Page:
Enhancing capacity to deliver impact

J. Urrea (CCAFS)

Warm welcome: Colombia hosts adaptation learning exchanges for Senegal

East Africa
West Africa
Climate-Smart Technologies and Practices

Learning exchanges are a powerful tool, allowing people to see first hand what works in countries facing similar challenges. In May 2014, 16 delegates from Senegal’s Ministry of Agriculture, Presidential Council, Parliament, local authorities, meteorological agency, research centres, extension services and farmers travelled to Colombia. This was the return leg of a successful South–South exchange in 2013, facilitated by CCAFS, to provide opportunities for people from Honduras, Colombia and Senegal to share strategies for adapting to climate variability with each other.

The visit provided a wealth of learning for the Senegalese visitors. They were particularly interested in the agricultural practices of Colombia’s indigenous people, who cultivate a large variety of fruits and vegetables using organic fertilizers and pesticides. While visiting the seed bank at the International Center for Tropical Agriculture (CIAT), the Senegalese delegation presented baobab seeds as a gift of friendship.

Participants in a Senegal–Colombia exchange share their knowledge, experiences and lessons learned to face the challenges of climate change

Participants in a Senegal–Colombia exchange share their knowledge, experiences and lessons learned to face the challenges of climate change. J. L. Urrea (CCAFS)

The Colombian delegation found this South–South learning exchange a valuable process. The 2013 visit to Senegal’s Kaffrine region led to the establishment of 3 pilot projects to provide seasonal forecasting. The recent visit inspired the Colombia Presidential Agency of International Cooperation to establish a formal cooperative arrangement between Colombia and several African countries on agriculture and climate change.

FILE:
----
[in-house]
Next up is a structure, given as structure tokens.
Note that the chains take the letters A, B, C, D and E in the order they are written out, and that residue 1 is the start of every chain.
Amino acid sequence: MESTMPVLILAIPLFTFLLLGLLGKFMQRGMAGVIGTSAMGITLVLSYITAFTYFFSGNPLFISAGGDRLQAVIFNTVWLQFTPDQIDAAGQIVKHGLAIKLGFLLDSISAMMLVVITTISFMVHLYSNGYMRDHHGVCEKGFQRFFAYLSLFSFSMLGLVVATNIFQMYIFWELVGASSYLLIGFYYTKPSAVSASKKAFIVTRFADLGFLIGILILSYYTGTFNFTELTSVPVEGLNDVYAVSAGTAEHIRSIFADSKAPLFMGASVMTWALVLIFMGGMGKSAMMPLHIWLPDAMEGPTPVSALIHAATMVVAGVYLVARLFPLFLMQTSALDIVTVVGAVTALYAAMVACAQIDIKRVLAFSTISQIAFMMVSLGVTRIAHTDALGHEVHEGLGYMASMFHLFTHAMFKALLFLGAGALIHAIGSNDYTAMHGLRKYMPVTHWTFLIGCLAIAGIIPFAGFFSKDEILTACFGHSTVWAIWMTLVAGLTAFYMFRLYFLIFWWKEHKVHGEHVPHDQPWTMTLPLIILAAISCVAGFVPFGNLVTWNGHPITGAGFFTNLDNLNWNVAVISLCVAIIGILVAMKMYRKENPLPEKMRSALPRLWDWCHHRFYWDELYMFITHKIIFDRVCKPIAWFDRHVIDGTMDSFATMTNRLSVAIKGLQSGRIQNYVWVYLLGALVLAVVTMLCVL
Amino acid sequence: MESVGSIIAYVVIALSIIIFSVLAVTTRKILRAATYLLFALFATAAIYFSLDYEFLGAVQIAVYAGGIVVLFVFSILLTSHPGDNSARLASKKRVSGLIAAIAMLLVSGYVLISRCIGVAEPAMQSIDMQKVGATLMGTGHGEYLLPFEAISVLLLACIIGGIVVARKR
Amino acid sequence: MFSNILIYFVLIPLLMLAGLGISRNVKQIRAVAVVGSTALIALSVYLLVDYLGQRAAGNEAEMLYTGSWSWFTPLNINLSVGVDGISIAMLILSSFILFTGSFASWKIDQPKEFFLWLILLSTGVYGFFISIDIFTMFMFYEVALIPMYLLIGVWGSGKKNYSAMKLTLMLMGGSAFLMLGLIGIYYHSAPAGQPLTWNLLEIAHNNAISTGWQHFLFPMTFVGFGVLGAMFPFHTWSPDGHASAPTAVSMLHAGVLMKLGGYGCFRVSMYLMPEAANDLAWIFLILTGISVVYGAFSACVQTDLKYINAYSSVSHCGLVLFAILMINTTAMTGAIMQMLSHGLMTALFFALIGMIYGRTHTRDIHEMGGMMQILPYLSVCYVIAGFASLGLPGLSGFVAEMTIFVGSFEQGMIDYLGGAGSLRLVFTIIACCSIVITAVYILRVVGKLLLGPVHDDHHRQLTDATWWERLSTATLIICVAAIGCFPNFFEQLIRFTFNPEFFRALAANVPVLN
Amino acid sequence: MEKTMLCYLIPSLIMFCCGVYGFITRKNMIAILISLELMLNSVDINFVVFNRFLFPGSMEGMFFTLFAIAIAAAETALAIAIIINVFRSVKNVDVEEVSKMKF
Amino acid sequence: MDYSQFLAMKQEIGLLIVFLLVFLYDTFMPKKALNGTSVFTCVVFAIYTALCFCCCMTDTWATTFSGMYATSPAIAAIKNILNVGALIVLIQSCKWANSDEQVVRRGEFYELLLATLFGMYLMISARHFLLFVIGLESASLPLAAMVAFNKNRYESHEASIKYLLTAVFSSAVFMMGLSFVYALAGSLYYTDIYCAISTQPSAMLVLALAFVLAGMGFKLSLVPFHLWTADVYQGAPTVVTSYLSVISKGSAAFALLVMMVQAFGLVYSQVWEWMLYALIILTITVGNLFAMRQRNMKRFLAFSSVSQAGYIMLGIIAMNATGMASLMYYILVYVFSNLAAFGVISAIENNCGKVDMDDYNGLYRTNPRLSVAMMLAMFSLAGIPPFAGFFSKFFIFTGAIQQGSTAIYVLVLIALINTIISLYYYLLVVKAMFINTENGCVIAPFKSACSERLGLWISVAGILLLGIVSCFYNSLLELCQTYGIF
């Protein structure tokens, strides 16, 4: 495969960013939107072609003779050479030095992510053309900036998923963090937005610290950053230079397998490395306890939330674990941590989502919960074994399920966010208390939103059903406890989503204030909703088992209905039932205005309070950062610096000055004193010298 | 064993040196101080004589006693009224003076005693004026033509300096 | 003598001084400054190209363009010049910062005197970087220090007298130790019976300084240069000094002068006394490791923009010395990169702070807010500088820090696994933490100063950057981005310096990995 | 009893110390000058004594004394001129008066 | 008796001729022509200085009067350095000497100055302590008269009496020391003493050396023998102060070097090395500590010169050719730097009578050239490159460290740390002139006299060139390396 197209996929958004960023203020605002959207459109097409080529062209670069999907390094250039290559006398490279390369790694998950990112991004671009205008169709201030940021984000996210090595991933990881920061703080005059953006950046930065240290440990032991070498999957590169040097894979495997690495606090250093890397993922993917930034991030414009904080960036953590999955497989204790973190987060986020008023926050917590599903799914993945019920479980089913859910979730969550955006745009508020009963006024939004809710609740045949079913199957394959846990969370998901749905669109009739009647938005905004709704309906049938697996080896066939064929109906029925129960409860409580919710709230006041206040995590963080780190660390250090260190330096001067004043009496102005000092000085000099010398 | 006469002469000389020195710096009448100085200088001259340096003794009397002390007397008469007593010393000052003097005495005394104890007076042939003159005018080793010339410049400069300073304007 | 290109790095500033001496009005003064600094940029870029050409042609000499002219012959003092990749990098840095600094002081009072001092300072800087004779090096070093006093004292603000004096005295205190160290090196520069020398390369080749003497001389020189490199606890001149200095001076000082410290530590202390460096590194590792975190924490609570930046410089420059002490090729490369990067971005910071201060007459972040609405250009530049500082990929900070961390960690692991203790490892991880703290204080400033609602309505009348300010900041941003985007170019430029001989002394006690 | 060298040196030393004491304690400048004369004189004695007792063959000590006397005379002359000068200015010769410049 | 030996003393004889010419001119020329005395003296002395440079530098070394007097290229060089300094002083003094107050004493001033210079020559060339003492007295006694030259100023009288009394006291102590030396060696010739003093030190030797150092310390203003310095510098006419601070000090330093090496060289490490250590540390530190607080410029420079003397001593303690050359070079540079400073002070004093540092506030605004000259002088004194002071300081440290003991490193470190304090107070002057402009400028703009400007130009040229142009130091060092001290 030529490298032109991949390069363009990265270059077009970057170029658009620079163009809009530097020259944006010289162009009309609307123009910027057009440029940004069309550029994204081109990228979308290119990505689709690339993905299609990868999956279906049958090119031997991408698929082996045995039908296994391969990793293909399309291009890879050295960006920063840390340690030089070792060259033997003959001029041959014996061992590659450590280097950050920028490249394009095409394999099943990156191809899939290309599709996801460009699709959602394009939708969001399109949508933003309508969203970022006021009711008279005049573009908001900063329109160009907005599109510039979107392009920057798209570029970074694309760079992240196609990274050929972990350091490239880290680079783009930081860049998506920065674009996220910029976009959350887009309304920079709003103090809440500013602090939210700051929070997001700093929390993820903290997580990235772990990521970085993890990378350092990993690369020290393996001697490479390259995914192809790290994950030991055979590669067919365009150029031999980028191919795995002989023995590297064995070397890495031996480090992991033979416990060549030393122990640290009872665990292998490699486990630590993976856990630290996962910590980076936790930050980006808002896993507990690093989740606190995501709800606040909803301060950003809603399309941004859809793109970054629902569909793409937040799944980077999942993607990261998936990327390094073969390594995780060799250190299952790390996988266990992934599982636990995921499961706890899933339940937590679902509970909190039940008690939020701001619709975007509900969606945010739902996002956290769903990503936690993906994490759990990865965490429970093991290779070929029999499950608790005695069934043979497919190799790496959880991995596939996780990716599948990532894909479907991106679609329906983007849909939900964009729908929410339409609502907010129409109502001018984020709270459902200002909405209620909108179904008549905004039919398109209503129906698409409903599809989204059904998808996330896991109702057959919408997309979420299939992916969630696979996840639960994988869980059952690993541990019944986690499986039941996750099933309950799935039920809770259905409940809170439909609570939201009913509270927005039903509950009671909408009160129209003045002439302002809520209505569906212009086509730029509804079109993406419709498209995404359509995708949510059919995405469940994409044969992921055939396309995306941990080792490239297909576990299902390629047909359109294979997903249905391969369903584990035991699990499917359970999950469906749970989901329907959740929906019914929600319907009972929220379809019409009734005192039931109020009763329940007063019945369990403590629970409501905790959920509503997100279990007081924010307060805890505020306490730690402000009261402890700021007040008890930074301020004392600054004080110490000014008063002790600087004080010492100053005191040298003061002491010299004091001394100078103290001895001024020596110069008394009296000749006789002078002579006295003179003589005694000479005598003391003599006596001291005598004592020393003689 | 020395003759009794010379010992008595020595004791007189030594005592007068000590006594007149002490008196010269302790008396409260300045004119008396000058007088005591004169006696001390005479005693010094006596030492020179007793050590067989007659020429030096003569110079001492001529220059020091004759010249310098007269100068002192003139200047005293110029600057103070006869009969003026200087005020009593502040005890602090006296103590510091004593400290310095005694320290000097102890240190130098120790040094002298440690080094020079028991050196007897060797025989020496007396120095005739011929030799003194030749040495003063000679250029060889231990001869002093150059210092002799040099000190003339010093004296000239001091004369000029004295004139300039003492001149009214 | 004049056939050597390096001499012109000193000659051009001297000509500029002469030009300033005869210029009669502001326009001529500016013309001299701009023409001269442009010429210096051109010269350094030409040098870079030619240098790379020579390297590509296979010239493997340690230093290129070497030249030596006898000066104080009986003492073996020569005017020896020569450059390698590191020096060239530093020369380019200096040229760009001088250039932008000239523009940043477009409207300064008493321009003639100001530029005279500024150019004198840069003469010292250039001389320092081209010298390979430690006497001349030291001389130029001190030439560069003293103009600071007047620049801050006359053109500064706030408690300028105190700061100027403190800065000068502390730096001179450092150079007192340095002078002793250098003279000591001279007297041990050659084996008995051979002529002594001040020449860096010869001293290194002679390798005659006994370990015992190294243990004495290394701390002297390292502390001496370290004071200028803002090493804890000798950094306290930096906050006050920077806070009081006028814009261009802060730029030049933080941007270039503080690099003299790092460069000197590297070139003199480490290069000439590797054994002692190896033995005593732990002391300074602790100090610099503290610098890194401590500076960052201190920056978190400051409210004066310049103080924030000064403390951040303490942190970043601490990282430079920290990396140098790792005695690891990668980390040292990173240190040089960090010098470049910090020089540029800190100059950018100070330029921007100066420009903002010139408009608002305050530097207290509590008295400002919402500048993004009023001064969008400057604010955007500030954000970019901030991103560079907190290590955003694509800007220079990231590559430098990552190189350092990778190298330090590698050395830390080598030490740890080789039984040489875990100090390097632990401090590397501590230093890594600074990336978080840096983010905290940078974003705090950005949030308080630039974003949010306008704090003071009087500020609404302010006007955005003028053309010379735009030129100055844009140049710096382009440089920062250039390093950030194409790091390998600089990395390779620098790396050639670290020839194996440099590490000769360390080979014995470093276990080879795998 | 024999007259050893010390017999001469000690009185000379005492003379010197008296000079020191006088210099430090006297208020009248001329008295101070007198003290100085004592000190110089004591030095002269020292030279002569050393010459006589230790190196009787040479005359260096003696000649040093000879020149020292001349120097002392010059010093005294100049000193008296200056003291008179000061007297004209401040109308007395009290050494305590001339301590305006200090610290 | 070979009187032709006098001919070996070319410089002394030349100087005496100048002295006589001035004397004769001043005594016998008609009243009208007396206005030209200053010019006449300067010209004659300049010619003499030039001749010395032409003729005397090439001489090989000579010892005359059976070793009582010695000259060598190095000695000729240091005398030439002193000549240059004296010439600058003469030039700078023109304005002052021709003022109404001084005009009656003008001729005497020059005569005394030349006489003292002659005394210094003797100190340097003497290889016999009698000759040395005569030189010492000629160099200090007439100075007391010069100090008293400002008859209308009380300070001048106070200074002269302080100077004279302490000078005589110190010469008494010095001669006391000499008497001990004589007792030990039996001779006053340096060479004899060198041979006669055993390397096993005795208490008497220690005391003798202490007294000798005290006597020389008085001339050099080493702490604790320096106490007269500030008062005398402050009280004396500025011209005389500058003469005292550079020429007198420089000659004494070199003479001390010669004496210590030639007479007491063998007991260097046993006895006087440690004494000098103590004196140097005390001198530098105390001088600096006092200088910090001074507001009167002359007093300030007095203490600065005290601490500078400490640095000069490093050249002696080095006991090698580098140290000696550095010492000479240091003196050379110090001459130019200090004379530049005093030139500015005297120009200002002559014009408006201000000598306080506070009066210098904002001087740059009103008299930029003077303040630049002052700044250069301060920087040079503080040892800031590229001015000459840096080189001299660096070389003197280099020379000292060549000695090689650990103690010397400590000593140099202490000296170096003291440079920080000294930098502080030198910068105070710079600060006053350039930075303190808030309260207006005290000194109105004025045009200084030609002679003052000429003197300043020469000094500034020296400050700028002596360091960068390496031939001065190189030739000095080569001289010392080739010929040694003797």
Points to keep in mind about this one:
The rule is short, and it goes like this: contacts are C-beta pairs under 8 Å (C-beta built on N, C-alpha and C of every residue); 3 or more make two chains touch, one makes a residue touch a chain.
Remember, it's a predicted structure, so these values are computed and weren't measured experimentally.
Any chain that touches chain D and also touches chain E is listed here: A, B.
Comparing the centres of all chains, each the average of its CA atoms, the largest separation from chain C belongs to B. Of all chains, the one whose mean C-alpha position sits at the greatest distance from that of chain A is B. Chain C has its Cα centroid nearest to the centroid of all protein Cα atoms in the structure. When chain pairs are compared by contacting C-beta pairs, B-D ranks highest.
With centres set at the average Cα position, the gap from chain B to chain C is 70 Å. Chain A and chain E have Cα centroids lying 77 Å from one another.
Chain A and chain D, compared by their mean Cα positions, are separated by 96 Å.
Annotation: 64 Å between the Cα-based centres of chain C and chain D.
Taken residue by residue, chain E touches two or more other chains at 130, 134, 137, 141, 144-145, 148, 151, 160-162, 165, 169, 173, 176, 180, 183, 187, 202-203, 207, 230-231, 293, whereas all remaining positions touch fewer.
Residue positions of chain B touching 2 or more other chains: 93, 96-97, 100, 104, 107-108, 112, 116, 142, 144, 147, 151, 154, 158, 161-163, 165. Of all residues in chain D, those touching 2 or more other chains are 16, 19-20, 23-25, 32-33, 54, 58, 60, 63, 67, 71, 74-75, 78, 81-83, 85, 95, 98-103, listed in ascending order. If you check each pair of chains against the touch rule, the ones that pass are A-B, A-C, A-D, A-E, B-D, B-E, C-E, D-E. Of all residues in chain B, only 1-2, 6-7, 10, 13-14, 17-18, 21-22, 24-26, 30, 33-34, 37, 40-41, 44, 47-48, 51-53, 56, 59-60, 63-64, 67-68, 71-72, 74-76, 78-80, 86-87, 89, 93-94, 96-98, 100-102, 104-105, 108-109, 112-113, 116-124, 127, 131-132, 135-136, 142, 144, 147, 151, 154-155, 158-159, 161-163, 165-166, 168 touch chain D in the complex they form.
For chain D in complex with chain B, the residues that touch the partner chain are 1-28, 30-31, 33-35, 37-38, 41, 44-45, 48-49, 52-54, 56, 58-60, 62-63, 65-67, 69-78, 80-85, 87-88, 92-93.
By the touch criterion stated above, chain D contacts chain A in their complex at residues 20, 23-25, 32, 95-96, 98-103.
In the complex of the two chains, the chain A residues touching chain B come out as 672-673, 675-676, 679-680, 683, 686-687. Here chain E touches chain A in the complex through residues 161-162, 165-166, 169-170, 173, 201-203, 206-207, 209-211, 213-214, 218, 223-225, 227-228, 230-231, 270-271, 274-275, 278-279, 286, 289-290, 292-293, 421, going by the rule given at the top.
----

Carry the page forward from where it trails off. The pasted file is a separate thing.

“What continues to bind us closer are our efforts to combat climate change and food security. Every nation in the world has its difficulties, especially relating to climate change and agriculture production. That is why it is important we share our experiences together in order to improve our quality of life.” Francisco Fuentes Meneses, Mayor of Popayan, the capital of the Cauca, Colombia

Just a few months later, in July 2014, a delegation of representatives from Ghana, Kenya and Senegal travelled to Colombia. They visited the national associations of producers of grains and beans, rice and sugar cane. As well as functioning as platforms to amplify the voices of producers, these associations lead important research into climate-smart agriculture.

For example, the National Federation of Grains and Beans Producers (FENALCE) is currently working with CCAFS and CIAT to breed high-yielding, disease- and drought-tolerant varieties of maize that are well adapted to the changing climate in different regions of Colombia. This research is carried out at various research stations owned by FENALCE and partly financed by them.

The Colombian Sugarcane Growers Association (ASOCAÑA) has established a research institute in collaboration with the sugar and ethanol mills. Important advances have resulted, such as developing and identifying breeds for increased sugar content, disease resistance, drought tolerance, water efficiency and a reduced water footprint, and breeds which can be more easily processed for milling.

The role these associations are playing in scientific crop research, and the resulting contribution to food security for smallholder farmers in Colombia, impressed the African visitors and was one of the important lessons they took home to share with their own governments.